What puzzles me, and appears to puzzle Chris Rand as well from a quote on the website, is how business publishers got themselves into the position where they ever thought advertorial was a way forward and an acceptable source of revenue. Greed, I suppose, and a contempt for the intelligence of the reader. I have no bother about public relations people doing their jobs and attempting to draw the attention of journalists and their readers to developments: that’s a useful facilitating service just so long as everyone understands that editors make the final decisions and that they do so on behalf of their readers. I have no bother either about advertising as such: it’s paid my wages for many years and it’s an upfront honest activity that makes no attempt to pretend it’s anything else.

By contrast, advertorials are an attempt to hoodwink the reader into believing that an editorial judgment has been applied when it hasn’t. They’re basically deception. But even more damagingly they undermine the trust between editor and reader that is at the heart of successful publications of all kinds. Advertorial taints not only that particular piece of copy, but the whole publication. Even, perhaps, the whole business of business publishing.

It’s the worst of these deceptions, but not the only one, though. Richard Stone notes in his short blog that requests from editorial departments for “colour separation charges” appear to be on the decline too, and he welcomes that. This is the practice of charging a notional sum, usually less than £100, to PR companies to pay, allegedly, for the costs of printing photos that accompany product press releases; lots and lots of publications have done this for years. Again, it’s a con, and a shabby one too. In reality, there’s no actual cost these days in the “colour separation” process and it’s just a means of getting underhand revenue from a part of the publication that the reader would assume is done entirely in good faith on the judgment of editors and journalists.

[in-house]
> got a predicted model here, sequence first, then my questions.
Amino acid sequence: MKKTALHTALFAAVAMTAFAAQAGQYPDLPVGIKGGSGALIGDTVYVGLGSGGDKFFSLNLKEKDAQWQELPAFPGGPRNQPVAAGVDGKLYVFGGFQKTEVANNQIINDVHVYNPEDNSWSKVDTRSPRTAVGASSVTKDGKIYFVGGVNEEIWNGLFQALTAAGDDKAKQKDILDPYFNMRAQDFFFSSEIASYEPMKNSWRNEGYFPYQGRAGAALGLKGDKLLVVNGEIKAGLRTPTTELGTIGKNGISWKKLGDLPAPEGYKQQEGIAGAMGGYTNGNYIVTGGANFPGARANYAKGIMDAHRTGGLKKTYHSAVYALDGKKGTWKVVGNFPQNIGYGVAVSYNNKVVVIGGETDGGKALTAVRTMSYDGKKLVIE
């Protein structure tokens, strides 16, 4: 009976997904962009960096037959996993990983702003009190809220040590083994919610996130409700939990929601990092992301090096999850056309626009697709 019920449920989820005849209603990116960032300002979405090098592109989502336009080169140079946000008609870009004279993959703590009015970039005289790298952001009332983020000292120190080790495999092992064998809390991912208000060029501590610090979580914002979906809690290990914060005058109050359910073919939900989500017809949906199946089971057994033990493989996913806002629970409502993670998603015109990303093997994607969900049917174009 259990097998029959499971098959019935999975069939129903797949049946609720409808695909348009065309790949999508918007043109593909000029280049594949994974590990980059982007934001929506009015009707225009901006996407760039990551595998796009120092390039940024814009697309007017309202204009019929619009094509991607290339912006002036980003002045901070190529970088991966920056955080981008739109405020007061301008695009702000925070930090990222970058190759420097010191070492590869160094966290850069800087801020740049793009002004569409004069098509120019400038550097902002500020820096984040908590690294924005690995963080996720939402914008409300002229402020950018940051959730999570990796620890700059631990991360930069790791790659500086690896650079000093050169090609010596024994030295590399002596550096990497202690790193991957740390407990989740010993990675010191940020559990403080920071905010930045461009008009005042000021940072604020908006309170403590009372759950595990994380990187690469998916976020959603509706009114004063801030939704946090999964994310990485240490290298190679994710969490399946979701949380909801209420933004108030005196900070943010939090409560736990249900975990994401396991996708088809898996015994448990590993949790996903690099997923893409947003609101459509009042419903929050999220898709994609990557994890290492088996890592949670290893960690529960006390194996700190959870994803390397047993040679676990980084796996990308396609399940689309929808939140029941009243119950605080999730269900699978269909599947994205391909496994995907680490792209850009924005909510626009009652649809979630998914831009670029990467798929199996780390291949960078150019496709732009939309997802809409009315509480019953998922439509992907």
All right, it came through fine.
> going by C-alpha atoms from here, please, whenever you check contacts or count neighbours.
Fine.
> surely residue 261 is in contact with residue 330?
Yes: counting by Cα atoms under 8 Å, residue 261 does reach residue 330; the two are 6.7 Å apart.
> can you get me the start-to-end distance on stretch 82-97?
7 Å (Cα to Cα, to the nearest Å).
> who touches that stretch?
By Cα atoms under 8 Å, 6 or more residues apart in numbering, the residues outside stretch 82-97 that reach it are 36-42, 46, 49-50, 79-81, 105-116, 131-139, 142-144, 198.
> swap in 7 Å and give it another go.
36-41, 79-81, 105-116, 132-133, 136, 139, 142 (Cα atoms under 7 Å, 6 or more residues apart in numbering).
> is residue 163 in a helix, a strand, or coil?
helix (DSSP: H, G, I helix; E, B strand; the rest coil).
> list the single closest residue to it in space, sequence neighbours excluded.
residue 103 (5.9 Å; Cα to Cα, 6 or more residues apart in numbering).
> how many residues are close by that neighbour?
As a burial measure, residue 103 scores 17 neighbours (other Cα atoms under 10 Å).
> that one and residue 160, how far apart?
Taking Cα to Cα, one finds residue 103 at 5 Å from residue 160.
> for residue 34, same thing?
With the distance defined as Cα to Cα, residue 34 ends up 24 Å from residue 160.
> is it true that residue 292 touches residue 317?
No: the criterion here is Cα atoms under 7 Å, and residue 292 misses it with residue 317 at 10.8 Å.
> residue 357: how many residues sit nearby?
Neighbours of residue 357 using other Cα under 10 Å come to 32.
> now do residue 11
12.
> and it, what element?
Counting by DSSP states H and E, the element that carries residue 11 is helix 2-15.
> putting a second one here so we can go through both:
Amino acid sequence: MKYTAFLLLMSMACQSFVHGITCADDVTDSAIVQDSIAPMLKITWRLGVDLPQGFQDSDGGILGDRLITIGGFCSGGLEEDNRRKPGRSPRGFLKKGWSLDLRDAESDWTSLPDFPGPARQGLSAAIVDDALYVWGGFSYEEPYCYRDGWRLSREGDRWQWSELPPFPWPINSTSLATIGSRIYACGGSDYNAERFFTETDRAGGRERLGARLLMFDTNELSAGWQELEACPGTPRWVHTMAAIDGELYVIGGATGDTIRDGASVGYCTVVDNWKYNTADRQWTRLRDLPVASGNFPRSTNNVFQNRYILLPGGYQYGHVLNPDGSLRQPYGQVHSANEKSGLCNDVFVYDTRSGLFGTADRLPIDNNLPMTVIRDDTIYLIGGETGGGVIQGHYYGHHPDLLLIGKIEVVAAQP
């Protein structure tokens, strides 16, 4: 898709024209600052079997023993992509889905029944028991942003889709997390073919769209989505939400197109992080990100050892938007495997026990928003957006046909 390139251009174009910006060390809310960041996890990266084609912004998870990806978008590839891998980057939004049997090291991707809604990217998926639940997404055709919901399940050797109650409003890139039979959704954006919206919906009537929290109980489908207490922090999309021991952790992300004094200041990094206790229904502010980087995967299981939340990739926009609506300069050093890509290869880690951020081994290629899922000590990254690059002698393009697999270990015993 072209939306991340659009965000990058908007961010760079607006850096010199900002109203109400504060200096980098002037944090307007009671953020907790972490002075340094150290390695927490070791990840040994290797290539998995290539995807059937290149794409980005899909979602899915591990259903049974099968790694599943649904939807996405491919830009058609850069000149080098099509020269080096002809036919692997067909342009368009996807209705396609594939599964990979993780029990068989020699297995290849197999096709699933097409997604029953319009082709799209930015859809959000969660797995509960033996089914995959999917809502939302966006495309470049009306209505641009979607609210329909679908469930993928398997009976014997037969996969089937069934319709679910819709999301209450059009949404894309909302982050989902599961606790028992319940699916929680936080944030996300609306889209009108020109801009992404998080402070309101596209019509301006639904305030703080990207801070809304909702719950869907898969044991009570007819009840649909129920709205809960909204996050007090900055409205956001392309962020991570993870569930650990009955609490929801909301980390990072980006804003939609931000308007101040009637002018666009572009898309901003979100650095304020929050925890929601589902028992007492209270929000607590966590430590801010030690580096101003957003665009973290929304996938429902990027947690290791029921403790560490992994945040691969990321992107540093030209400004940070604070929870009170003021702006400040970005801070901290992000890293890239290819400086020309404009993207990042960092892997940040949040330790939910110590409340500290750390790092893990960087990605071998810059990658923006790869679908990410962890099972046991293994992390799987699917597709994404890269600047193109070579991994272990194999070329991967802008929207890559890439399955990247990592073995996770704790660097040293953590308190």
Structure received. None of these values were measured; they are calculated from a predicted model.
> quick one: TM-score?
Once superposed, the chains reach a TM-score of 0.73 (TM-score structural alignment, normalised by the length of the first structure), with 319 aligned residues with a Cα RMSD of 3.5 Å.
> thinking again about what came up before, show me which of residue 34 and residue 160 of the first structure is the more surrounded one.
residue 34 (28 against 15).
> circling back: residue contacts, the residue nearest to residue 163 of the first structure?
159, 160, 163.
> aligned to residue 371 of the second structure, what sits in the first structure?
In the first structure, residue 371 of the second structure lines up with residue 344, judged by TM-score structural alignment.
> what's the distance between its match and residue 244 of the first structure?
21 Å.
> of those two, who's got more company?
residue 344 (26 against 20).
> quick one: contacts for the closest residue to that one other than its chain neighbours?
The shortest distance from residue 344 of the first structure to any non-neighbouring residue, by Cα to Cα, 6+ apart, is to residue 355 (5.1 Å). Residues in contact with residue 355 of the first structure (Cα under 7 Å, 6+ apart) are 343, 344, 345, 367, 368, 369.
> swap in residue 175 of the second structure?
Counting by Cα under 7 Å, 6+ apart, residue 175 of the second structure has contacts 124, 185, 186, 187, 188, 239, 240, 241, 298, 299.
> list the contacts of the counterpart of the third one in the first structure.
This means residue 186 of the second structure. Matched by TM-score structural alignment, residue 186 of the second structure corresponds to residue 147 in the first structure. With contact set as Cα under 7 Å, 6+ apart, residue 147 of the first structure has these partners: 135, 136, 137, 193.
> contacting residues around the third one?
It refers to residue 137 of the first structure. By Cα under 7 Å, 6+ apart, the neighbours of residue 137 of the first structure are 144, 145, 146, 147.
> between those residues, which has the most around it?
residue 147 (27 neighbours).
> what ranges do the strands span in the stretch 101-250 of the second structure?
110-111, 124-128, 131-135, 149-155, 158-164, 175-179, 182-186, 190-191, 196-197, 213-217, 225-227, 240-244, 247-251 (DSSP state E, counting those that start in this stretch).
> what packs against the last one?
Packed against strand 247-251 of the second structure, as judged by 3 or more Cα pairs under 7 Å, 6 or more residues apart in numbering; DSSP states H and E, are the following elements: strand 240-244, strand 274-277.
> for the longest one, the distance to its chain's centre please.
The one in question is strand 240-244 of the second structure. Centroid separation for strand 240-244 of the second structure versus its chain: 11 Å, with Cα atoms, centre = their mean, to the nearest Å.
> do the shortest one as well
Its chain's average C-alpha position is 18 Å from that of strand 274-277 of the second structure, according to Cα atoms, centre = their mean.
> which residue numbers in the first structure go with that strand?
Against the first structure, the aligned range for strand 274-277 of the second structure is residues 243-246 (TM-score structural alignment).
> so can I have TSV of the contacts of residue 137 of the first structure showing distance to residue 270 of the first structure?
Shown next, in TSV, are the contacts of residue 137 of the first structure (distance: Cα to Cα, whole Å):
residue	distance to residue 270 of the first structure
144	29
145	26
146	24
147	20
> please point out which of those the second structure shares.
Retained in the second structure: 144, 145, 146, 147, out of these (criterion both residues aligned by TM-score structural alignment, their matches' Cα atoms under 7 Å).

Anyway, I’m pleased to see that these practices are disappearing – less pleased, though, that they have almost certainly contributed to the overall decline of the publishing sector that I’ve worked in happily, and as far as possible honestly, for years. The decline has left many publishing companies in difficulty and it’s also removed, for readers, a whole raft of useful unbiased information collected and collated with some expertise on their behalf. Now where do you look for information you can trust among the myriad sources online and offline? Google AdWords perhaps?

Written by johnpullin

January 11, 2011 at 6:26 pm